Street artist Sirron Norris in front of his new 'bad hombre' mural in Clarion Alley. Photo by Laura Waxmann

There’s usually more than meets the eye when it comes to street artist Sirron Norris’ murals.

Under the guise of a cute and unassuming cartoon character, they often present a provocative commentary on political and social issues.

In Norris’ latest mural, his signature blue bear character is pictured wearing an orange t-shirt that reads “bad hombre” – the grinning bear is pointing at himself.

The mural is a play on remarks made by President Donald Trump in reference to immigrants.

“That’s what a huge population in the Mission is now considered, ‘bad hombres’. To me, this is a symbol of racism,” said Norris, referring to his mural. “That character could not hurt you at all or have any bad intentions. But just the way it looks, hence what the message is on his shirt, you can now make an assumption of this character.”

Norris spent all of Sunday revamping an old mural on a sliver of wall space he’s had at the entrance of Clarion Alley, near 17th and Valencia Street, for some 15 years.

Street artist Sirron Norris paints a protective coat over new “bad hombre” mural on Clarion Alley. Photo by Laura Waxmann

The new mural is replacing another blue bear rendering that he painted in 2015 – that mural showed a blue bear with its head where its rear should be, blowing rainbows from its mouth. 

“In 2015 we were shitting rainbows,” joked Norris while coating his new mural on Monday morning. “But we are not doing that now.”

As heightened racial tensions following Trump’s election have become increasingly tangible in communities across the nation and locally, Norris said he hopes that his art will be used to educate visitors to the alley.

“All these tourists come here, so now you actually are speaking to these people from across the United States and who have no clue about political consciousness or being woke or any of that stuff,” said Norris.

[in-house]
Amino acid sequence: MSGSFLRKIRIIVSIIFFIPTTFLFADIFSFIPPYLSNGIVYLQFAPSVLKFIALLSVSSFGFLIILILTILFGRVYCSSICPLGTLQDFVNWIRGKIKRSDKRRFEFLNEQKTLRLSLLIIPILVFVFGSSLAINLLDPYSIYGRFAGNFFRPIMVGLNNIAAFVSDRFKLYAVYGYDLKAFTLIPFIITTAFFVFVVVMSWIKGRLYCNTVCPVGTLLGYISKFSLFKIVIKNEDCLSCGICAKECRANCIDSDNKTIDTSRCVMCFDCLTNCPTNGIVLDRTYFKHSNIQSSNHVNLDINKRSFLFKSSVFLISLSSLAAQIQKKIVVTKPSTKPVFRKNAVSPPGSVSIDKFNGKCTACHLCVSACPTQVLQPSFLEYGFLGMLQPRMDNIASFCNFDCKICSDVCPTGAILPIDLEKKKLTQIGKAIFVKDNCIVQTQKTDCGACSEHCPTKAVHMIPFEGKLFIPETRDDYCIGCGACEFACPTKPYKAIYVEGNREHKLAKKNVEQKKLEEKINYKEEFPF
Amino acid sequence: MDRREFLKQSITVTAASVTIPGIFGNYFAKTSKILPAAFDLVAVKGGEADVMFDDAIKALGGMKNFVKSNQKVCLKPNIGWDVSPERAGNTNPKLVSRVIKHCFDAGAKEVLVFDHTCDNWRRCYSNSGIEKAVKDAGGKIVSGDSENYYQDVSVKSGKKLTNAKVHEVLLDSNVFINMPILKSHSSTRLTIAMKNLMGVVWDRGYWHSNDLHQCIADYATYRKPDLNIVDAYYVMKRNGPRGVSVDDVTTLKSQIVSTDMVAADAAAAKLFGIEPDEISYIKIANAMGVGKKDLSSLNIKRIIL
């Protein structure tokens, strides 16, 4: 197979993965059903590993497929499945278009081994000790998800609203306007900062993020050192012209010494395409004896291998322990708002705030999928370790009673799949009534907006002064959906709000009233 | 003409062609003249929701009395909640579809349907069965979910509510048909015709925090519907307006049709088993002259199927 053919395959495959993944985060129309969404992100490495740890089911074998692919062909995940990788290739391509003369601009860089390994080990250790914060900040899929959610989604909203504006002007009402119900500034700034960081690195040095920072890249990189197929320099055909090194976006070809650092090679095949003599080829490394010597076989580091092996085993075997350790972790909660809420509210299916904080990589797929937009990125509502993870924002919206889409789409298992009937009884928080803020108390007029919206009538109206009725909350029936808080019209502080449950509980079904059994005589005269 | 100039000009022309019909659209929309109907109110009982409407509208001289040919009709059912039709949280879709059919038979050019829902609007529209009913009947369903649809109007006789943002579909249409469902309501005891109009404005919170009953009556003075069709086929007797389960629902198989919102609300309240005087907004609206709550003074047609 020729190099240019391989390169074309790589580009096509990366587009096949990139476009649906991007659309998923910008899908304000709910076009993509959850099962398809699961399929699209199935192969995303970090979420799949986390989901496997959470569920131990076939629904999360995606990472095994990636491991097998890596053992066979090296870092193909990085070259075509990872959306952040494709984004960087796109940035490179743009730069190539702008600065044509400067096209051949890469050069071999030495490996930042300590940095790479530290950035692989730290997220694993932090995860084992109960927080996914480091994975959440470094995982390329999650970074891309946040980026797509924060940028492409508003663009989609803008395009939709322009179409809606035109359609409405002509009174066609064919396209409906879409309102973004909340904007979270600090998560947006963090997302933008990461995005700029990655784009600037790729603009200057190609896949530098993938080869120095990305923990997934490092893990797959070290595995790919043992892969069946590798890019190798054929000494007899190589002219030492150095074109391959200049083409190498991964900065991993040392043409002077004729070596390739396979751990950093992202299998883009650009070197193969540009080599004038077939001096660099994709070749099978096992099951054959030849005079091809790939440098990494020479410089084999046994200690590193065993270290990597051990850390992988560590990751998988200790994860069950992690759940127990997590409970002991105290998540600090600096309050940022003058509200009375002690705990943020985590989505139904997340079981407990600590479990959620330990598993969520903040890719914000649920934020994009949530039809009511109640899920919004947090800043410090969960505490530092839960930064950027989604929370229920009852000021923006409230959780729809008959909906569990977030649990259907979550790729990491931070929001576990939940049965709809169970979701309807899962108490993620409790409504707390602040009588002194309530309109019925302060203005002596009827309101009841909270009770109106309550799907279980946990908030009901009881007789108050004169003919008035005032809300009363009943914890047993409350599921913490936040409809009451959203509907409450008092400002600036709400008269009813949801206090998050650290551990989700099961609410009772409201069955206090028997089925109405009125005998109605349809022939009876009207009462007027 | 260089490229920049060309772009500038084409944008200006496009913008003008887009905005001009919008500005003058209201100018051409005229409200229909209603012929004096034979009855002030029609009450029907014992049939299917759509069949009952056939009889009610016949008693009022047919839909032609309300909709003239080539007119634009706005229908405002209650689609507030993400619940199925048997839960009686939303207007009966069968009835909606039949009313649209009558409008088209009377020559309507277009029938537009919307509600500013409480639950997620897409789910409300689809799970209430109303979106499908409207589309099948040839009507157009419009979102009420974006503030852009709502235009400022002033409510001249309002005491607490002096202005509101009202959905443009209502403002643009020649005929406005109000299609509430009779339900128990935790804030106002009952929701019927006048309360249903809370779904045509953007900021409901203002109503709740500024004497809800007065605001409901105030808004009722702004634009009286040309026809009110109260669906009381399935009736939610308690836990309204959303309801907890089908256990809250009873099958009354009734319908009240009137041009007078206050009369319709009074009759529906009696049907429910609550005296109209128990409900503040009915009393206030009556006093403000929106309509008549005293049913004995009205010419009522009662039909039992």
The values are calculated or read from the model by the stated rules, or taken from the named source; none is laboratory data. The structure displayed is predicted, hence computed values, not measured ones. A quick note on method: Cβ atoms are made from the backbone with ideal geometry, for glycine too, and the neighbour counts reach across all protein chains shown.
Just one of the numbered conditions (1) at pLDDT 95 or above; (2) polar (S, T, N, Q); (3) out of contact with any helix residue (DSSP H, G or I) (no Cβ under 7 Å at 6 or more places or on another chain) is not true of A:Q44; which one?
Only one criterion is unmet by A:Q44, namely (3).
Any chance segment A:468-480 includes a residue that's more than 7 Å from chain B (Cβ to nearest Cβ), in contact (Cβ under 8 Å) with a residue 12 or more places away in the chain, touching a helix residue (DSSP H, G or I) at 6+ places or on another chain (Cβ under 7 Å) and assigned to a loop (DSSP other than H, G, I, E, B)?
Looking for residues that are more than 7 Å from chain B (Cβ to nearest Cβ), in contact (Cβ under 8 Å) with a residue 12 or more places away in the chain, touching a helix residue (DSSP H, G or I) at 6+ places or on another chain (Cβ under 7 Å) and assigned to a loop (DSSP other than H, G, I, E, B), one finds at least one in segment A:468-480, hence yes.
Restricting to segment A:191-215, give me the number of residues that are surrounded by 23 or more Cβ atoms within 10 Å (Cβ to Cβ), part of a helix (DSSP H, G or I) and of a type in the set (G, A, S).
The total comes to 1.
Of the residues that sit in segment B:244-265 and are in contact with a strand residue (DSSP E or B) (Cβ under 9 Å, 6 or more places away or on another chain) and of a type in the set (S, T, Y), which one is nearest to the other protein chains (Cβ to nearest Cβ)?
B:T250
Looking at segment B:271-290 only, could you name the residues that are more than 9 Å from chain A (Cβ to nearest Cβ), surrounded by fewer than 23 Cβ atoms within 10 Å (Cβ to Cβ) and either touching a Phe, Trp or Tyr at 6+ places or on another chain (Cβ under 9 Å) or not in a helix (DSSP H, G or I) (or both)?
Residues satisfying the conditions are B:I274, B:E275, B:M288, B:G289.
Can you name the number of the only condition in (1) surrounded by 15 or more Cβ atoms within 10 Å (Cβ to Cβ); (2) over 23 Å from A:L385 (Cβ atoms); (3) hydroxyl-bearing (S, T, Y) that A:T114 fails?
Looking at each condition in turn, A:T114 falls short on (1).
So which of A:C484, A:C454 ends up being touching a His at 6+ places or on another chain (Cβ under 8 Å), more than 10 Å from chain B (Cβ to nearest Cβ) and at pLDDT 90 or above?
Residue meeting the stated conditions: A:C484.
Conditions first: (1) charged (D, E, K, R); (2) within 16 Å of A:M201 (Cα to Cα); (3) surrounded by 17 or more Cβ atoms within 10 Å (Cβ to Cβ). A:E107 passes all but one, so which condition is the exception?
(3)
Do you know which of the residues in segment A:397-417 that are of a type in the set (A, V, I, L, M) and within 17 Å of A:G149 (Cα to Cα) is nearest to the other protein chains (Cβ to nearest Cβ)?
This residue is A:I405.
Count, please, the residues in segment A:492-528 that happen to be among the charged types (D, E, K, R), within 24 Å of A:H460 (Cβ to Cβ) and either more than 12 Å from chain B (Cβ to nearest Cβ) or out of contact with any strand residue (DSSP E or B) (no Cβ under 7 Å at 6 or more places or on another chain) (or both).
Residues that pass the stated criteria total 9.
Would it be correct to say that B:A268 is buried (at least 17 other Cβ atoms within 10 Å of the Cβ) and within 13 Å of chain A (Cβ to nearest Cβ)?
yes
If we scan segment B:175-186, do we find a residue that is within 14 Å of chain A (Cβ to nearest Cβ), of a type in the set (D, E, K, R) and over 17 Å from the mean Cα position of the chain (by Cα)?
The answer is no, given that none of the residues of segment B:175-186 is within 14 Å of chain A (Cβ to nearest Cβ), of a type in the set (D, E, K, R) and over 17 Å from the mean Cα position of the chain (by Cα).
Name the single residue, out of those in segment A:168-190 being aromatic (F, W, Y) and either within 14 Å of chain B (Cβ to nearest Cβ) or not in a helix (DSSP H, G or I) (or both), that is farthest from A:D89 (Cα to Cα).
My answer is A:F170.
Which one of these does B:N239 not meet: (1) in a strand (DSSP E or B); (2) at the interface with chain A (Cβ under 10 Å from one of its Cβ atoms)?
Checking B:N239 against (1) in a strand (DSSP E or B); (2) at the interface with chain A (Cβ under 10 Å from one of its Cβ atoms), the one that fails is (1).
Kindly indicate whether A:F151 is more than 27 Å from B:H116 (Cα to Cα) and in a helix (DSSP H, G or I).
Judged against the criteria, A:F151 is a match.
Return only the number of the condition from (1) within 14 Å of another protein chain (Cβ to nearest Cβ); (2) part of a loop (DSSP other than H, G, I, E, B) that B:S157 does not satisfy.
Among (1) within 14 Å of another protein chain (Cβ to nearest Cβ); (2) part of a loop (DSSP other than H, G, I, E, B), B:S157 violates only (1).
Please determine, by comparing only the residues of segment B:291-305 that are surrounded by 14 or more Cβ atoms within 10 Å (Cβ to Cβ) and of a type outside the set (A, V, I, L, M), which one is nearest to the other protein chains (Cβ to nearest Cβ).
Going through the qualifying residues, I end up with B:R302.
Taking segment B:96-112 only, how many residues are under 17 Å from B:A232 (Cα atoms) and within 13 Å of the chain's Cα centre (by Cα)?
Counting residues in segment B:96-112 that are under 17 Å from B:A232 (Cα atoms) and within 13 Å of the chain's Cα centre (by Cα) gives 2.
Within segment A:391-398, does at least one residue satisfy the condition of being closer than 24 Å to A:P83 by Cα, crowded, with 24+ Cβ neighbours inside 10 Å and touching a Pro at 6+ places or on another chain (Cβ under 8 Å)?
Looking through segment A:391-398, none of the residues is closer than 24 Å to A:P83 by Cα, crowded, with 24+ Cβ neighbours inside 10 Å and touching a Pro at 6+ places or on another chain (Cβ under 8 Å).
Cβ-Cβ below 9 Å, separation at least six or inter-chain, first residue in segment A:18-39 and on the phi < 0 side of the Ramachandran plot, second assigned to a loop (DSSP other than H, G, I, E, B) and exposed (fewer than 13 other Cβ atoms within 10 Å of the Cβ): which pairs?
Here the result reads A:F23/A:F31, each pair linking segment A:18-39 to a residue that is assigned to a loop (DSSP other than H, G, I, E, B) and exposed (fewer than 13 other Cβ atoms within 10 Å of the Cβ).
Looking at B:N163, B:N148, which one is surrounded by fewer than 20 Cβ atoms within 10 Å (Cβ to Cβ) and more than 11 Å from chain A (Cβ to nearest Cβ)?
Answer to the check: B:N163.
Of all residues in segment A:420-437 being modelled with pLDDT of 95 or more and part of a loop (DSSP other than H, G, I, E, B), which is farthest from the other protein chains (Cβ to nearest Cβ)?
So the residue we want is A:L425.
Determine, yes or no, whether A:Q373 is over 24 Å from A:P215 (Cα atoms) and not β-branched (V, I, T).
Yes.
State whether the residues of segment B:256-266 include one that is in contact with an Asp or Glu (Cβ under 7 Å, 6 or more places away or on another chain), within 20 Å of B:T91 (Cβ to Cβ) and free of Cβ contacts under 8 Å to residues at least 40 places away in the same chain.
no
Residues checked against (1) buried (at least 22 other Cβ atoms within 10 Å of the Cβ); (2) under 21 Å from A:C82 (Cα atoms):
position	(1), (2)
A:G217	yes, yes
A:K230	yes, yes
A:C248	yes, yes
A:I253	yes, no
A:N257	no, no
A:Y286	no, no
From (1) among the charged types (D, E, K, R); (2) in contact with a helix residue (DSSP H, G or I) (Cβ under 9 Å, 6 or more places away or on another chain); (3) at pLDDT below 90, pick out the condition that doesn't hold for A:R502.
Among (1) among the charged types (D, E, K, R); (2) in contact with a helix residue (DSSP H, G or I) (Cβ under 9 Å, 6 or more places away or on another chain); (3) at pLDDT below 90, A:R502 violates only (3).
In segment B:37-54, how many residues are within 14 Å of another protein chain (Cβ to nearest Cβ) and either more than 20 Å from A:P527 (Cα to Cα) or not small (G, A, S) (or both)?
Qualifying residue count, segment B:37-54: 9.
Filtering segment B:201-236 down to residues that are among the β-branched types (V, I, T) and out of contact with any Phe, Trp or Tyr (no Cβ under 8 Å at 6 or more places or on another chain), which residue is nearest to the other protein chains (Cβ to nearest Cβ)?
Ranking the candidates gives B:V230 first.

With the murals in the alley, Norris said, the community is “actually able to send a message,” adding: “That’s true purpose of public art, at its highest potential.”

While Norris said his murals are whimsical and lighthearted, the “shitting rainbows” theme no longer seemed appropriate in the current political climate and given the recent radical inclination of the famous art-filled alleyway.

Norris’s new mural is located next to a “Rise in Power, Brothers and Sisters” mural showing an inverted American flag and listing the names of some two dozen Latino and black individuals killed by police throughout the country – that mural is in plain view of Mission Police Station, across Valencia Street.

Next to that piece, another anti-Trump mural entitled “cultivating resistance” appeared earlier this year.

While painting his ‘bad hombre’ bear, Norris said he observed several tourist point out names in the “Rise in Power” mural and pose in front of it for selfies. Norris said he used the opportunity to speak with the alley’s visitors about San Francisco’s history of police shootings.

Norris said he initially decided to switch out his blue bear mural because it had been vandalized with a graffiti tag some time in December.  But a closer look at the Clarion Alley’s recent evolution inspired Norris to change his mural’s message as well.

“I was looking around the alley and it’s just so conscious now. There’s always been that theme and passion here, and although this alley is ephemeral, it’s always about the moment and very current,” he said, adding that his prior mural suddenly seemed out of place and “disrespectful” to the alley.  

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